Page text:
- My Little Pony: Equestria Girls Rainbow Rocks averts this both in the "Guitar Centered" short and the movie itself. Trixie and Sunset Shimmer in the movie play Flying Vs, Rainbow Dash used to play a semi-acoustic (but her new guitar is an Ibanez similar to a Strat), Flash Sentry plays a non-reverse Gibson Firebird, and the shop itself is stocked with all sorts of electric guitars and other instruments with recognizable real life counterparts, even if their depictions are somewhat stylized.
- In Sing, Ash plays a Strat.
- Subverted in Rock Dog. While Angus Scattergood's main guitar is a modified "Scattercaster", he has a huge collection that includes many different models.
- The Buddy Holly Story biopic depicts guitars that didn't exist in The '50s (noticeably a Fender Bronco, first made in 1967). Buddy Holly is also shown playing a Telecaster at one point, although in reality he never played one on stage and is known for his use of the Stratocaster. Way to play into a trope by averting the trope name.
- Referenced in Little Man Tate.
Fred (comments on a painting of a piano): "You didn't paint the right number of keys on here."
- Averted in Stranger Than Fiction. The main character shops for a guitar and ends up buying a Stratocaster, but a wide variety of other guitars are visible and the narrator tells us that the Strat was a personal choice.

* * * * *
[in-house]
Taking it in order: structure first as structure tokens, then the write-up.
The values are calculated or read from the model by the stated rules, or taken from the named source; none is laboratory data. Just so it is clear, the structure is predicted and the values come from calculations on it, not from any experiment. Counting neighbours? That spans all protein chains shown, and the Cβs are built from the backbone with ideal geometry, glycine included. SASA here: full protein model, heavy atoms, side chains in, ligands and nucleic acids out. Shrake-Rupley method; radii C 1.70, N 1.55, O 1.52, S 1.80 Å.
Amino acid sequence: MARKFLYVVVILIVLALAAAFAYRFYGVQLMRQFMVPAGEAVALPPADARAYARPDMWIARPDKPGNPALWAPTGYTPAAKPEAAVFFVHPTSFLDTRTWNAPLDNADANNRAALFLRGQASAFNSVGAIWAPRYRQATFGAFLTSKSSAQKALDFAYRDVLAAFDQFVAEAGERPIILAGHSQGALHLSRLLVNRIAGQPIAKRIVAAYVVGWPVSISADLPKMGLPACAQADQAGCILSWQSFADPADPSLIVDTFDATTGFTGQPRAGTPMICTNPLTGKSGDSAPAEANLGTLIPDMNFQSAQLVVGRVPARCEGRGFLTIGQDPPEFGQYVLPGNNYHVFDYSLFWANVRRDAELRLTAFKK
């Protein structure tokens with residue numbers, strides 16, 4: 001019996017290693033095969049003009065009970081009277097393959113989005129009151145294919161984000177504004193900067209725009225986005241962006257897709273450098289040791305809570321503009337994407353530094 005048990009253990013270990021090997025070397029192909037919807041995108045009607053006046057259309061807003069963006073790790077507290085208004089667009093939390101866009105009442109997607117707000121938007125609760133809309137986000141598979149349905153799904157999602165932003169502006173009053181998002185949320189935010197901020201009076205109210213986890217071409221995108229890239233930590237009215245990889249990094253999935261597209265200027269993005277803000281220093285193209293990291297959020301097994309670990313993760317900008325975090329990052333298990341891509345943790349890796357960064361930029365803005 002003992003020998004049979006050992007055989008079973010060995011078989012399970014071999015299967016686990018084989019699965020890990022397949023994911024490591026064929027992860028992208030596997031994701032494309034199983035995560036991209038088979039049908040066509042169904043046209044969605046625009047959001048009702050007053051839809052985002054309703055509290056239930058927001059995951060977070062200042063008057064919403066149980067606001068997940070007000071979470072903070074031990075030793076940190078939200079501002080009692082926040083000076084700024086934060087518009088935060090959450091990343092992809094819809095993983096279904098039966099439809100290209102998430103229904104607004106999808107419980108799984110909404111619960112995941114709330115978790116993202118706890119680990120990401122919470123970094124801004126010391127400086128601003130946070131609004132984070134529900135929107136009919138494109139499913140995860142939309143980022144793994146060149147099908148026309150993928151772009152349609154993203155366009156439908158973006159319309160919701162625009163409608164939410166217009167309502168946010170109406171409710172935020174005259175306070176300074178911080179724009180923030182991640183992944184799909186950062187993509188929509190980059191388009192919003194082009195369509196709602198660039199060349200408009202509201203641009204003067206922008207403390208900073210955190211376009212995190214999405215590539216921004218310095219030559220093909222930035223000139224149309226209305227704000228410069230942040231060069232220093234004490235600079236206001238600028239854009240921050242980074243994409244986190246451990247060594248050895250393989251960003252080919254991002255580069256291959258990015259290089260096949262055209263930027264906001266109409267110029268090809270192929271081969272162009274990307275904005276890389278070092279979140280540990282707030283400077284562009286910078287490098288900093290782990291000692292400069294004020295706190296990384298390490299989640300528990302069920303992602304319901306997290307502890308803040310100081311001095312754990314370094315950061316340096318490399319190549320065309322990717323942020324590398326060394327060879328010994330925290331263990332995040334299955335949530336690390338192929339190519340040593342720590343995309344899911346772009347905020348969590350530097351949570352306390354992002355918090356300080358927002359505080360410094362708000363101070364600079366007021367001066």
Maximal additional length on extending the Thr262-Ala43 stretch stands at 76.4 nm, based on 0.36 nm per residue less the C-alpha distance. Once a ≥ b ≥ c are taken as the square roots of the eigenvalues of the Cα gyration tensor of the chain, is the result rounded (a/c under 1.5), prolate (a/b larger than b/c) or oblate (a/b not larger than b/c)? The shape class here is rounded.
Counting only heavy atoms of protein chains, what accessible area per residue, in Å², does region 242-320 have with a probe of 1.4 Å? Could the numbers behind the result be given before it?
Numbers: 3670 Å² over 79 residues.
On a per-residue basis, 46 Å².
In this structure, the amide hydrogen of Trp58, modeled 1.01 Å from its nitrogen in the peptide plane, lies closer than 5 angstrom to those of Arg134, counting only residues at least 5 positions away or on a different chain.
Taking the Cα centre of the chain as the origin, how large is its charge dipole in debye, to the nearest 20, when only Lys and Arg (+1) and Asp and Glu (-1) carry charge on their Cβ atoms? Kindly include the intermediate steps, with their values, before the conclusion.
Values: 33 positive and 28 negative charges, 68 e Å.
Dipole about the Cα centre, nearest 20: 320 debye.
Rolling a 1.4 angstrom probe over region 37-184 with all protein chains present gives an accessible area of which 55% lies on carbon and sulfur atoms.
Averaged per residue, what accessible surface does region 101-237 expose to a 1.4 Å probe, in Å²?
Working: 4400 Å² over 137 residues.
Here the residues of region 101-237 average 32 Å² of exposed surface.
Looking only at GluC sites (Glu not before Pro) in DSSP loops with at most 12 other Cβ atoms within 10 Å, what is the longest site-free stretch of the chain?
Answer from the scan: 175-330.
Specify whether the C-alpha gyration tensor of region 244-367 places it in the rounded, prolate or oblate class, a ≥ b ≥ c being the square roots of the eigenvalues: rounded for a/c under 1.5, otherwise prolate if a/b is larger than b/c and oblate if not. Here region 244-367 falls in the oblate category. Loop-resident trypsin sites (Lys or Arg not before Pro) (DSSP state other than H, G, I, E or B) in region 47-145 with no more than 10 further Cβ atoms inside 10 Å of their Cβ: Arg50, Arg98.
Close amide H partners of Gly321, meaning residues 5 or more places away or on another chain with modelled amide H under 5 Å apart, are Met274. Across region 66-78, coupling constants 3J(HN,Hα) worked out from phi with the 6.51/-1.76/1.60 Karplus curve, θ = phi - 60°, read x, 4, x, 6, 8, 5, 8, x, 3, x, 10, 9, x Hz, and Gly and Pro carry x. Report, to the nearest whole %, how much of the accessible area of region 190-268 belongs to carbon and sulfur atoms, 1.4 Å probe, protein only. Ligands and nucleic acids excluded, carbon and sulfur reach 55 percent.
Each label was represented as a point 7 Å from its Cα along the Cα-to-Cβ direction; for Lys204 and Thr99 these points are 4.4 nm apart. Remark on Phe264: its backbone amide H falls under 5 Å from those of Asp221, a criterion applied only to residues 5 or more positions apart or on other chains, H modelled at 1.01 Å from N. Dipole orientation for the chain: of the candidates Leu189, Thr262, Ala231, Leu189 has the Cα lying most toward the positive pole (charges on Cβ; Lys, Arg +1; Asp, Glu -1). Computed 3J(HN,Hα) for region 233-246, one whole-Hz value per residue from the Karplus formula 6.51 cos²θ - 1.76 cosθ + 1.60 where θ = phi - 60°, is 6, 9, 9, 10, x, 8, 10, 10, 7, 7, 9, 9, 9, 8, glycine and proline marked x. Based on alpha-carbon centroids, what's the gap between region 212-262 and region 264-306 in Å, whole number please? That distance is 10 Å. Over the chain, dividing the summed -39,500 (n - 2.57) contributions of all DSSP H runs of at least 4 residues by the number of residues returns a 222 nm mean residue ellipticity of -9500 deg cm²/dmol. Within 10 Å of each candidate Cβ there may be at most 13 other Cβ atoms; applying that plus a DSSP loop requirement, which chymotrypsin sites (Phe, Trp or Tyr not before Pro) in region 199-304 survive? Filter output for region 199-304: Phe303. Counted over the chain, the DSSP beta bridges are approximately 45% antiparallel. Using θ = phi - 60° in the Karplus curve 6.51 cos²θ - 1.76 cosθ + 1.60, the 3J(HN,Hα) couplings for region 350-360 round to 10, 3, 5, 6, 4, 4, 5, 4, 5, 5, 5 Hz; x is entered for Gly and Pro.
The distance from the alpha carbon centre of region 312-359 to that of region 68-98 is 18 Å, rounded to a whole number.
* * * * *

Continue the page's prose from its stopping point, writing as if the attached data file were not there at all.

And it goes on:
- Averted in This Is Spın̈al Tap, in which Dave St Hubbins's main guitar is a white Gibson SG, and Nigel Tufnel plays an enormous variety of guitars (although, in the case of his rare Sea Foam Green Fender Bass VI, he doesn't play it, and in fact, don't touch it. Don't even look at it.)
- Wayne's World: Averted, but at the same time not averted.
- As in Stranger Than Fiction, non-Strats are (presumably) visible in the guitar shop. Cassandra identifies the Stratocaster Wayne covets (and soon acquires) as a 1964 model, then, curiously, lists attributes almost all of which are common to all standard Stratocasters and appear in the trope description. Still, she knows her stuff. Wayne displays his knowledge by stating that the guitar is "pre-CBS Fender corporate buyout"note However, the two guitar players in Cassandra's band both play Strats (in reality it's pretty rare for both lead and rhythm guitarists to play the same model guitar), playing this trope straight. In addition, she plays a Precision bass, which would be All Basses Are Precisions as noted above.
- The guitar Wayne plays before buying the '64 Strat is a white Washburn Superstrat (a modified version of the Stratocaster designed with heavy metal in mind).